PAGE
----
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Airbnb is about to become the world's largest hotelier, WHY should I care?

The new sharing economy is everywhere we have all heard of, Uber, Lyft, Airbnb, KickStarter & possibly even the non-profit Kiva. But have you heard of DogVacay, TaskRabbit, ParkingPanda, (hmm I am starting to sense a trend here?) Or other room rental sites like FlipKey, Roomarama or One Fine Stay? What about Breather.Com, for meeting space? It is nearly impossible to keep up with all the new businesses providing alternatives for the business traveller.

For those of us in the Meeting Planning Industry, we have to be aware of these trends because some of these new trends and businesses can greatly impact our jobs.

Sue Peltier wrote about this in her article “Is Airbnb becoming a threat to your room block?" on Meetings.net and in, “Will Airbnb impact traditional meeting room blocks?, on Conferences That Work said, Adrian Segar wrote that while he is a fan of Airbnb personally, he thinks it will have a large impact on conferences, specifically in pre-booked room blocks. Chip Conley, head of global hospitality and strategy for Airbnb in “Are you experienced?" published in Meeting Planning Professional states, “Sharing those resources means we don't have to go out and build new hotels, new cars, etc.," he says. “And if we could actually be a little bit more efficient in our use of resources in the world, that's absolutely a great thing for the environment."

And as Conley points out some cities, like San Francisco are actually lacking in hotel rooms, so Airbnb works with meeting planners to provide alternative accommodation. “San Francisco is a very hotel-scarce city—there just aren't enough hotel rooms for the sheer volume of people coming in," he says. “So we're working quite closely with meeting planners to actually provide alternative accommodations for their attendees."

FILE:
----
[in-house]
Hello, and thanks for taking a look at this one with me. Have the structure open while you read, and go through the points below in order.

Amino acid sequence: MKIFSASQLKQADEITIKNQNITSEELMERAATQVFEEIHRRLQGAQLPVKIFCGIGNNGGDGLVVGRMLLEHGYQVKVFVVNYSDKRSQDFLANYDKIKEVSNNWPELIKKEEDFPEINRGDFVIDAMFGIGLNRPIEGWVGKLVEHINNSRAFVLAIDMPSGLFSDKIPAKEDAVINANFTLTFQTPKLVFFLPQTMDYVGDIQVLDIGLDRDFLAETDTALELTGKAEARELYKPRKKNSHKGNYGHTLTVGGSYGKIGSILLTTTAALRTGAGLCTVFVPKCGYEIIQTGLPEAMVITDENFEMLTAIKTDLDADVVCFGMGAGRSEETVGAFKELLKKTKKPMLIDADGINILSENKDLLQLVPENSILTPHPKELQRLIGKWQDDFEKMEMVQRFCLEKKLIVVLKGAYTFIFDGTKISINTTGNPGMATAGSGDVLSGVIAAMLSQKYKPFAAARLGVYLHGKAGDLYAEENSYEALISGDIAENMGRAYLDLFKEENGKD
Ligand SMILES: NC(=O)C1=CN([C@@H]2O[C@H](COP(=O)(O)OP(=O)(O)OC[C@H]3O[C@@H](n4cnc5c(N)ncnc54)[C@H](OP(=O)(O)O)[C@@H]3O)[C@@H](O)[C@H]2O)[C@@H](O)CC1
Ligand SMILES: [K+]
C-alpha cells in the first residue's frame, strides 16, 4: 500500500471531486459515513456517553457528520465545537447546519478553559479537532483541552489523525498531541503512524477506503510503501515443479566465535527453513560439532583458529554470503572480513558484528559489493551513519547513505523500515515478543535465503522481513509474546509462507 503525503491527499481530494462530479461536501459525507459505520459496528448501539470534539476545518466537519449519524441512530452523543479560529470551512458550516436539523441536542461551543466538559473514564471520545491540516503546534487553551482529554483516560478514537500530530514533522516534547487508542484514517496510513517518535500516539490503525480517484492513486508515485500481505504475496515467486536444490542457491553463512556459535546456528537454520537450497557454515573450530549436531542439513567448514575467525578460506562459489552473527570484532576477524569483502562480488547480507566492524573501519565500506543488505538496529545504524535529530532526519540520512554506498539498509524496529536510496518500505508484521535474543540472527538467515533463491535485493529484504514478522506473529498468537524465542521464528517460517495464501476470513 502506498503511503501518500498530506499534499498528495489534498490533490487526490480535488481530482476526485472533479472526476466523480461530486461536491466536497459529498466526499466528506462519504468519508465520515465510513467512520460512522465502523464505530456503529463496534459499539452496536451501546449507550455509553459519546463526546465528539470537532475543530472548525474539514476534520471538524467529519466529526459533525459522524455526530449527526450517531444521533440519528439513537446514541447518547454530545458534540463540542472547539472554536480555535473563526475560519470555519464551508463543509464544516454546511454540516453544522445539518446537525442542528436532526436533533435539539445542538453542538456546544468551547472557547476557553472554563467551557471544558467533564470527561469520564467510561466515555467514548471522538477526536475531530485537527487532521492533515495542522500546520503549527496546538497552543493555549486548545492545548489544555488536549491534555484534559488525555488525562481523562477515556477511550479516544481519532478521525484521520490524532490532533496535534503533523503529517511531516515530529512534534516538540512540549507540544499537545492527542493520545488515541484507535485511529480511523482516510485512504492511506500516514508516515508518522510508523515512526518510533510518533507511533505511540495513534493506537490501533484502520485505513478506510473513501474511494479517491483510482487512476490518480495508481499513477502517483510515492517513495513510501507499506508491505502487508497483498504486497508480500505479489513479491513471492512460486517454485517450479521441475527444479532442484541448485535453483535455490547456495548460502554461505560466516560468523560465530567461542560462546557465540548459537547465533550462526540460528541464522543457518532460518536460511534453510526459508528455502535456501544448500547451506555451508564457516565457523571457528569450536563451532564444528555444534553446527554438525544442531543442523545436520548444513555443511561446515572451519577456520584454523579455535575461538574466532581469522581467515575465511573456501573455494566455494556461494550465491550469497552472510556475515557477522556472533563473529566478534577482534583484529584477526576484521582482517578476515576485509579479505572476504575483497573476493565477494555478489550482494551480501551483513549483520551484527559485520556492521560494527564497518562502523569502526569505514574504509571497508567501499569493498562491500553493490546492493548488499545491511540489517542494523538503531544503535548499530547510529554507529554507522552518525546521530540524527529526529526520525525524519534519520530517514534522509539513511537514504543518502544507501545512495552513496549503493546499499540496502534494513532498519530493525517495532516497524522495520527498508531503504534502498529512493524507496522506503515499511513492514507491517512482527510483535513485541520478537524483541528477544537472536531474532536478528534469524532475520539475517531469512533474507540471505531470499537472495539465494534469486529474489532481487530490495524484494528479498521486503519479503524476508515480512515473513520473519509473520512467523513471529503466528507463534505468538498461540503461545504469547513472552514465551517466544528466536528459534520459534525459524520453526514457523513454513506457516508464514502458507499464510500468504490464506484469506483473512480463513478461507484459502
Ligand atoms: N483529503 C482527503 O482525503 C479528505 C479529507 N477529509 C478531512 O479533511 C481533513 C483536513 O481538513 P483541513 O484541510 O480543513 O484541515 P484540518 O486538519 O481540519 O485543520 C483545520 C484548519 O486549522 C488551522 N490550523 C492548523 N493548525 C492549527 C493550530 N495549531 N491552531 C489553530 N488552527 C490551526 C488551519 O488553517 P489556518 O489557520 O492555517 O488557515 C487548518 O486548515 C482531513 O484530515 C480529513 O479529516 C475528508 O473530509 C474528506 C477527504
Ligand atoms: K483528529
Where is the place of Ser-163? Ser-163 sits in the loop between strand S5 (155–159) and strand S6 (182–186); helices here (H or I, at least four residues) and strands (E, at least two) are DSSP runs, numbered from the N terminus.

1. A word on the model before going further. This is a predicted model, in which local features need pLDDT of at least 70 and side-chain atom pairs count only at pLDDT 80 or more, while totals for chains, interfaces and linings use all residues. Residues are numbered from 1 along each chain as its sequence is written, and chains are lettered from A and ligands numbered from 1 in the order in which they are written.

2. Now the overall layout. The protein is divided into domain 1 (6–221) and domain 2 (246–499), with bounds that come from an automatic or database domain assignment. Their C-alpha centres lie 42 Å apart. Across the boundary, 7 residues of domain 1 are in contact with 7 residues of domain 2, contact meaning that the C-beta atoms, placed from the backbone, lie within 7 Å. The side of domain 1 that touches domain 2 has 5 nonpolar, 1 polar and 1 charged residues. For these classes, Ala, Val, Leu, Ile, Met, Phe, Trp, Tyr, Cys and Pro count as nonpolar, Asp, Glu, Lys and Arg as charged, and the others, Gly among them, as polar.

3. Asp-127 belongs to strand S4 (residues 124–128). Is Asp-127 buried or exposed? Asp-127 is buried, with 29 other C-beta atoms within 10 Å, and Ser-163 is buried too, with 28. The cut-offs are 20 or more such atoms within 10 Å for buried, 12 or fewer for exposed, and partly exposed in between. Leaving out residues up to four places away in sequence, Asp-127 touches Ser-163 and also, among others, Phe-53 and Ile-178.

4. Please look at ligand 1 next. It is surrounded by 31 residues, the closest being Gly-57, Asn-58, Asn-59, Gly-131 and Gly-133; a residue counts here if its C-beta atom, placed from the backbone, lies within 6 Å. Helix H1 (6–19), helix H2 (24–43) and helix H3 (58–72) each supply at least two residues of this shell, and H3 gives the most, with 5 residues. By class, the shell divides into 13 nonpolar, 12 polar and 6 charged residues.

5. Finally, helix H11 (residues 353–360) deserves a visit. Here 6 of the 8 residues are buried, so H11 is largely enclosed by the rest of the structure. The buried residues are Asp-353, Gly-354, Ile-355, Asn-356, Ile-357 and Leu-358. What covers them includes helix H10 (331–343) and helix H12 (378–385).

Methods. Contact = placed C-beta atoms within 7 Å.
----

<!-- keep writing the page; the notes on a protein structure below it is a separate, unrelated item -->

So, undeniably Airbnb and other similar site will impact how meeting planners do business. Ignore them and other online booking agents at your peril. So what does it mean for us as Meeting Planners, how do we adapt? There are some advantages for attendees who use Airbnb or similar platforms, and there are some disadvantages.

Some of the advantages are, cheaper rooms, two people from the same business can share a 2 bedroom apartment, and often at a similar price to a single hotel room. Attendees can experience more of a local flavor, experience the city get a local feel. For many attendees it can positively impact his or her bottom line, which can be the difference between attending or not. If you are in a situation where the rooms are sold out at a large meeting or conference it can be an excellent way to allow more attendees to participate.

The biggest disadvantage for the meeting planner is the unknown. We rely on booking room blocks, to ensure a good room rate, and venues often waive the cost of the meeting rooms as incentive to ensure the participants stay in the hotel. This is relatively unchartered water in the business travel industry, so we need to address the issue up front. We won't know how many rooms we can count on. As planners we have to do what we do best - plan ahead! We have to be prepared in advance to tackle this issue.

There are a number of things we can do to encourage participants to stay in the conference hotel. Try thinking creatively on how to incentivize participants to stay on site. Here are a few ideas:

  • Reduced Registration fees for those staying in the hotel.
  • Provide early registration for those who book their hotel at the same time.
  • Provide a VIP event only for those staying in the hotel, for instance a reception with the keynote speaker, or a networking event.
  • Bring the local flavor to the participants; hire a bus for a night tour of the city, or tickets to a local cultural or sporting event.
  • Provide a basket of local goodies, in the conference hotel rooms.

As we embrace this new economy, or way of doing things anticipating how it will affect your meeting, incentivizing participants to stay in the conference hotel, and creating a contingency plan for a drop in room sales, will impress your client, and ensure you have a successful event.

CMP